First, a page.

Shamima Begum 'knew what she was doing', MI5 agent tells court as lawyer claims she was 'child trafficking victim'

22 November 2022, 10:41 | Updated: 22 November 2022, 10:42

Shemima Begum
Shemima Begum. Picture: PA

By Stephen Rigley

ISIS bride Shamima Begum "knew what she was doing" when she travelled to Syria to join Islamic State, a senior MI5 officer told her citizenship appeal.

The 23-year-old's lawyers had told the court that Begum was "cynically recruited and groomed" when she was 15, before being trafficked for sexual exploitation by the terror group in 2015.

Begum has launched a fresh attempt to have her British citizenship restored after then-home secretary Sajid Javid revoked it in 2019 when she was found in a Syrian refugee camp.

Begum is challenging the Home Office's decision to remove her British citizenship, with her lawyers arguing that the department had a legal duty to investigate whether the then-teenager was a victim of trafficking when the decision was made.

Her lawyers said Begum's case was a "paradigm example of child trafficking for the purposes of sexual exploitation and forced child marriage".

Begum, now 23, was 15 when she and two other east London schoolgirls travelled to join the so-called Islamic State group in February 2015.

Her British citizenship was revoked on national security grounds shortly after she was found, nine months pregnant, in a Syrian refugee camp in February 2019.

On the first day of a five-day hearing at the Special Immigration Appeals Commission (SIAC) - where a proportion of the proceedings are expected to be in private - an MI5 officer only known as Witness E gave some evidence in public.

Dan Squires KC, part of Begum's legal team, asked the officer whether they had discussed talking to a trafficking expert while considering Begum's case.

Shemima Begum speaking during an interview after leaving IS
Shemima Begum speaking during an interview after leaving IS. Picture: Video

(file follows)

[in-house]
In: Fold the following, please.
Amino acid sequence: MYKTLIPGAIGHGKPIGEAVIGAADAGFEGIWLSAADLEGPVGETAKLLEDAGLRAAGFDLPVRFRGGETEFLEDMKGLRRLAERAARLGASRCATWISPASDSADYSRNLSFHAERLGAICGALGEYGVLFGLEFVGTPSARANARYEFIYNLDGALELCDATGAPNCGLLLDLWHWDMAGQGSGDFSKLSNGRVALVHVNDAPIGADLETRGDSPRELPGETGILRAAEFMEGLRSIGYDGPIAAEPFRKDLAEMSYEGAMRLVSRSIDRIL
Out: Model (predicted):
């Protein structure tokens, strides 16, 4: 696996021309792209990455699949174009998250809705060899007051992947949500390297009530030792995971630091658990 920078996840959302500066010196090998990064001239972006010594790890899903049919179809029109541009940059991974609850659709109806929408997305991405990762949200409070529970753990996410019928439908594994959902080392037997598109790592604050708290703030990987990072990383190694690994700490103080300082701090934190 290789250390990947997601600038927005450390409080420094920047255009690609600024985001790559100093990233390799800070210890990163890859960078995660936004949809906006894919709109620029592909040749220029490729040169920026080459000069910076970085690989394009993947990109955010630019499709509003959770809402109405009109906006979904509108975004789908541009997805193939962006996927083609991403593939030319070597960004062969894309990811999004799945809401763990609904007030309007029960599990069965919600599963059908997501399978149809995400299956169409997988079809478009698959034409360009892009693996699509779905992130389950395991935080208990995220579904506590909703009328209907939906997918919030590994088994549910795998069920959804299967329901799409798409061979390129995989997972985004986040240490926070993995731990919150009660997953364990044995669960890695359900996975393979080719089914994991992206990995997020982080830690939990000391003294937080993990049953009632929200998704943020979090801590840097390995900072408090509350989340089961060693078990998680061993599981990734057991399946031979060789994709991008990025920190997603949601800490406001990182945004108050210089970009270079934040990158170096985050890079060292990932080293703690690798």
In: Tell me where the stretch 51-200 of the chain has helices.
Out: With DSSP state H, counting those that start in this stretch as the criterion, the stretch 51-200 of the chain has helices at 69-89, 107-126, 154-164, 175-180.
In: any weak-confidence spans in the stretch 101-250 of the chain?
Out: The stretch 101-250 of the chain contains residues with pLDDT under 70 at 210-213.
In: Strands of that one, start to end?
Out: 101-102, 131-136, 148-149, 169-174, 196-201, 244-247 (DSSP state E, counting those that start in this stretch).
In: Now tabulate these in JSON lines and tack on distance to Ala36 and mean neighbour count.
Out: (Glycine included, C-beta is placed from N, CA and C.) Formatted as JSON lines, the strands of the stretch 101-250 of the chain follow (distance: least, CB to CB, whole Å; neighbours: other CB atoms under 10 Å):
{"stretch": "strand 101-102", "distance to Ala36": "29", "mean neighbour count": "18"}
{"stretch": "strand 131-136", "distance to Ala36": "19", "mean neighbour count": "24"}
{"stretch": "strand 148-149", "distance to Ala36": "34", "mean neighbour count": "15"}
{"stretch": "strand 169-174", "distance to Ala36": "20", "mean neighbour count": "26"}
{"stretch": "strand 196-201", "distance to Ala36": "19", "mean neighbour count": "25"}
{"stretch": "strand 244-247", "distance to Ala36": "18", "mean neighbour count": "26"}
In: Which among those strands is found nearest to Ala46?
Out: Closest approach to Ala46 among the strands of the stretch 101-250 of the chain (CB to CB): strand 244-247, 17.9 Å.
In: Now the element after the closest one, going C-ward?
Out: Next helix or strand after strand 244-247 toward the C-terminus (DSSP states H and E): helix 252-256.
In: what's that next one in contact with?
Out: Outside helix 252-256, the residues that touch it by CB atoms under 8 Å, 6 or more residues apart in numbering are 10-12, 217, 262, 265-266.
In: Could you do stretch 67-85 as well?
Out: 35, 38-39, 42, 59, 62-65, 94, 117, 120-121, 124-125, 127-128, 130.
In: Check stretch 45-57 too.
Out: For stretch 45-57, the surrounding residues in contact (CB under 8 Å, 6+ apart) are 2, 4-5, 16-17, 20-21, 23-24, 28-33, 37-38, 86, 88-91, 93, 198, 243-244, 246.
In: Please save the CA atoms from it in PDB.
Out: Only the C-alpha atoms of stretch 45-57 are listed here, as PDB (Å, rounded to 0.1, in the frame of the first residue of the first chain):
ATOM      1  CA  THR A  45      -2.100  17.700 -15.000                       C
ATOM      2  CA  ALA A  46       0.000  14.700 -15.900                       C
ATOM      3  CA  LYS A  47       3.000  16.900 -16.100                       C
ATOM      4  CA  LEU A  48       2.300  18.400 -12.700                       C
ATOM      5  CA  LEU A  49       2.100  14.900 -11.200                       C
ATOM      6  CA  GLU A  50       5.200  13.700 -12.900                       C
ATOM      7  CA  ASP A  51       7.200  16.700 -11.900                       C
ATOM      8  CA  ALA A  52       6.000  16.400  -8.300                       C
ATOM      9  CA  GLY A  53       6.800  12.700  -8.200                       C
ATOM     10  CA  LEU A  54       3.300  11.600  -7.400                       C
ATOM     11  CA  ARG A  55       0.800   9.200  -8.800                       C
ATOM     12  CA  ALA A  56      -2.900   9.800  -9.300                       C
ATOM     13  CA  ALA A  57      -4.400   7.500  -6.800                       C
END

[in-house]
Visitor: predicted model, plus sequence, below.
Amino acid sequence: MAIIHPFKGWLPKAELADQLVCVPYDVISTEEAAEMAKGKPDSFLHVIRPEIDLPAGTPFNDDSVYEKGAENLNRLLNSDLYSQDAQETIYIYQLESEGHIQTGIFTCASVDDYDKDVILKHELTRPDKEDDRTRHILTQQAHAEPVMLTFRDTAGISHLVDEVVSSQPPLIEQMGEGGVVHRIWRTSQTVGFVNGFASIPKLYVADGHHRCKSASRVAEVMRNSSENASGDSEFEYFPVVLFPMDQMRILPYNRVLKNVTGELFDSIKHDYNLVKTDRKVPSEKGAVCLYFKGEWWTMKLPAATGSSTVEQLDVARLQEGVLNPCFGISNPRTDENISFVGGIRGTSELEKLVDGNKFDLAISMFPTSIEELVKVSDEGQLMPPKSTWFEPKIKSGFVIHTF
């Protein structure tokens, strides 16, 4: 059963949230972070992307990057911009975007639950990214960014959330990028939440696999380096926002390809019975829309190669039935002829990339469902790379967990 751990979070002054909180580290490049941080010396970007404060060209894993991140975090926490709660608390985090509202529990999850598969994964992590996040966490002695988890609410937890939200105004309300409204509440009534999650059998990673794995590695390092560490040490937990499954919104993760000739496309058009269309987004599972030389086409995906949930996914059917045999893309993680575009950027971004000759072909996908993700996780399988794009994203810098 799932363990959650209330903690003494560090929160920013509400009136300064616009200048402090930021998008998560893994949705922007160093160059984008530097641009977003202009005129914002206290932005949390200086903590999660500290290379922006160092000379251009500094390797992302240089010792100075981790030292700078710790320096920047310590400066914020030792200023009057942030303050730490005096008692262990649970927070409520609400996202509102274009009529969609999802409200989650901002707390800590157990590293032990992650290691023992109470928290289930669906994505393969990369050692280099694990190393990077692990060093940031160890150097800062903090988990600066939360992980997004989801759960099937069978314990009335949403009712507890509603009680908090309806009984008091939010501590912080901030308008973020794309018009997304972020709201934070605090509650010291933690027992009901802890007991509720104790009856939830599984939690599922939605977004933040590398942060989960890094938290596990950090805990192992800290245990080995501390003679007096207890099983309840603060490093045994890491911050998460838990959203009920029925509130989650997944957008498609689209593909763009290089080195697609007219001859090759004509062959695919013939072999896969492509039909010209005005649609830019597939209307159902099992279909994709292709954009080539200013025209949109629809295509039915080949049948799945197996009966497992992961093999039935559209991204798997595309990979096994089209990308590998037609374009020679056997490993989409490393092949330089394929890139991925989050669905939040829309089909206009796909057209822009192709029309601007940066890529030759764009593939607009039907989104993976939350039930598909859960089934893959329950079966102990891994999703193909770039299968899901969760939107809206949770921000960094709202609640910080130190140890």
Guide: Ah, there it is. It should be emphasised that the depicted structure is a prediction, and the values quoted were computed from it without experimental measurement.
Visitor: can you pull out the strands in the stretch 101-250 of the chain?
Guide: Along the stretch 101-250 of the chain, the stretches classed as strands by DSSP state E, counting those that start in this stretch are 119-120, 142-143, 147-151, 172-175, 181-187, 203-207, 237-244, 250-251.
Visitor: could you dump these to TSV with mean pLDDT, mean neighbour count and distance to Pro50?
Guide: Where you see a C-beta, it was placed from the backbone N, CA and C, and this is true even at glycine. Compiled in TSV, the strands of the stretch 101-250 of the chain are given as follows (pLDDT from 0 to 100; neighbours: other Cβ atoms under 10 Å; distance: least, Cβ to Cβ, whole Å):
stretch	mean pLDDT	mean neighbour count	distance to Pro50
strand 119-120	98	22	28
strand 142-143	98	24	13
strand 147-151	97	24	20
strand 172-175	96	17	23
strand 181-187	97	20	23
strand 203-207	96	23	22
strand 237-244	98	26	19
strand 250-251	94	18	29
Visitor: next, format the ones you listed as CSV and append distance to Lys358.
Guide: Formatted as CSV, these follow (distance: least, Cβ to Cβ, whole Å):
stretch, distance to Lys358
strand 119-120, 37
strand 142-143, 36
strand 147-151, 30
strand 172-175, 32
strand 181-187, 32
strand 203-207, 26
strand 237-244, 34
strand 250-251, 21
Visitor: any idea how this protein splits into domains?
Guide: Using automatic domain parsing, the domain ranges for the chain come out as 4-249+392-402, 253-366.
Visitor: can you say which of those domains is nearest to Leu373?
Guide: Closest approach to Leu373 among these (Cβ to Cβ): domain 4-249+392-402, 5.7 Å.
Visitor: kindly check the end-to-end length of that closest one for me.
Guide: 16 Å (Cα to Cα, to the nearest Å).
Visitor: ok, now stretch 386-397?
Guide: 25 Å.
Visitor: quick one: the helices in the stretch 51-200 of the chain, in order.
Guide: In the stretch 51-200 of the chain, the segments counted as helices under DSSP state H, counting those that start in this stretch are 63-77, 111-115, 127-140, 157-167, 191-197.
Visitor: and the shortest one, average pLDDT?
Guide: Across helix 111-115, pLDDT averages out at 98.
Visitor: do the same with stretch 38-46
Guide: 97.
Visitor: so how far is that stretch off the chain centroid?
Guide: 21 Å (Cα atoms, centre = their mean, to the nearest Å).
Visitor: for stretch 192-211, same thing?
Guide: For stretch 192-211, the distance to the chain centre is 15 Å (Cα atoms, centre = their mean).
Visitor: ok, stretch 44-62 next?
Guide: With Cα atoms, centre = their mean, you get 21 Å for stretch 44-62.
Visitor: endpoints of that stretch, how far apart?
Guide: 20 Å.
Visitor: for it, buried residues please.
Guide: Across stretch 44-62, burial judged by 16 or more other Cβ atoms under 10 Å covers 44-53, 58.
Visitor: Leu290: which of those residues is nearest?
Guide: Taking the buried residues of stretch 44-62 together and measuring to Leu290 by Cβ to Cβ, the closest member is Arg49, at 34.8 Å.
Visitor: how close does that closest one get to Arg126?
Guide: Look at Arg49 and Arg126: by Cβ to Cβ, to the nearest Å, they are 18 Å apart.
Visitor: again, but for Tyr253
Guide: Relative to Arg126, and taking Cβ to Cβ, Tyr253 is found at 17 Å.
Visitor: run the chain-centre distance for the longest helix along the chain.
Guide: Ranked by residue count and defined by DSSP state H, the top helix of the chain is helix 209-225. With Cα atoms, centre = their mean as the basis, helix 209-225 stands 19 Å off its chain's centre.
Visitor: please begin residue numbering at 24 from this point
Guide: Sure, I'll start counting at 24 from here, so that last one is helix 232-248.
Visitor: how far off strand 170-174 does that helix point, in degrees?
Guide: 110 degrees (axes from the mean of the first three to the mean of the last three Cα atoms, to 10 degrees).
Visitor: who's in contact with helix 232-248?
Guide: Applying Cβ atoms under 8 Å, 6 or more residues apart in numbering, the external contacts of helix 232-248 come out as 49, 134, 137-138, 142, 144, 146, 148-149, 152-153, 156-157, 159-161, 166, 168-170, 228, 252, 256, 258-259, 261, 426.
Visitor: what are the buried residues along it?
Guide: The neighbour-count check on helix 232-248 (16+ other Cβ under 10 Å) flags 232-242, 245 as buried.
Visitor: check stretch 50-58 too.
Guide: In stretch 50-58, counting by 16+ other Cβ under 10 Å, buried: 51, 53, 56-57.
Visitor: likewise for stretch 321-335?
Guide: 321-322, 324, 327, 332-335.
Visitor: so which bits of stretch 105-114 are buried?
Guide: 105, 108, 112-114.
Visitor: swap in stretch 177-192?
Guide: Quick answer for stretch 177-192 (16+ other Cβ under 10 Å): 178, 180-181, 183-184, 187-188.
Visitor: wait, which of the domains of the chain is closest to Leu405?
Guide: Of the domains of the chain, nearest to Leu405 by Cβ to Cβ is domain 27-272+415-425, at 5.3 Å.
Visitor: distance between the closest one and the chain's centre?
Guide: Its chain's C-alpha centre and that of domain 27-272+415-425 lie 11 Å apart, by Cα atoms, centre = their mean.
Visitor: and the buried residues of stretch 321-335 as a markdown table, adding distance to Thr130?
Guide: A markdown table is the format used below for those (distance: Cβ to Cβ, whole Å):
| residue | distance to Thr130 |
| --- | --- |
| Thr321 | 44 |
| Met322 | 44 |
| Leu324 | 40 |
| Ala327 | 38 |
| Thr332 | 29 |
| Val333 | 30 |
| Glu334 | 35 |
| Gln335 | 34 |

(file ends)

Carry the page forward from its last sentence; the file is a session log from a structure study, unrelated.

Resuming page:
Speaking from behind a screen, the officer said they could not answer the question publicly, but later said it was "worth remembering the context" of the terrorist organisation's acts around 2015.

The officer said the groups' actions around the time included large terror attacks and the public beheadings of multiple people - including journalist James Foley and aid worker Peter Kassig in 2014.

"It is inconceivable someone would not know what Isil was doing as a terrorist organisation at the time," they continued.

Shemima Begum speaking to BBC during an interview
Shemima Begum speaking to BBC during an interview. Picture: BBC

The witness noted Begum was predicted high grades in her exams, suggesting she was "intelligent", "articulate" and likely capable of critical thinking".

They added: "In some respects yes, I do think she would have known what she was doing and would have had agency in doing so."

Witness E later said that MI5 are experts in national security threats, not trafficking.

"We consider whether someone is a threat and it is important to note we recognise that victims can be threats if someone is a victim of trafficking," they added.

At the start of Monday's hearing, Samantha Knights KC, also for Begum, said the woman had been "persuaded, influenced and affected with her friends by a determined and effective Isis propaganda machine".

In written submissions, Mr Squires and Ms Knights said Begum's case was a "paradigm example of child trafficking for the purposes of sexual exploitation and forced child marriage".

"She was following a well-known pattern by which Isis cynically recruited and groomed female children, as young as 14, so that they could be offered as 'wives' to adult men."

Her lawyers said that the Home Office deprived Begum of her citizenship "without seeking to investigate and determine, still less consider, whether she was a child victim of trafficking and whether there were failures by public authorities in the UK to prevent her being trafficked".

"What evidence is available shows that rather than viewing the appellant as a victim, a child that was manipulated and exploited, the Home Secretary proceeded on the basis that she acted 'voluntarily' in travelling to Syria and aligning with Isis," the lawyers added.

Sir James Eadie KC, for the Home Office, said in written submissions that the Security Services "continue to assess that Ms Begum poses a risk to national security".

"This is a case about national security," he said, later adding: "This is not a case about trafficking."

Sir James said that Begum "travelled, aligned and stayed in Syria for four years" and that she only left IS-controlled territory for safety reasons "and not because of a genuine disengagement from the group".

He continued: "When she did emerge, and gave multiple press interviews shortly before the Secretary of State decided to deprive her of her citizenship, she expressed no remorse and said she did not regret joining Isil, acknowledging that she was aware of the nature of the group when she travelled."

The hearing in London marks the second part of Begum's SIAC case, following a ruling in February 2020 that the Home Office did not unlawfully leave her stateless by revoking her British citizenship.

The hearing before Mr Justice Jay is due to finish on Friday with a decision expected in writing at a later date.

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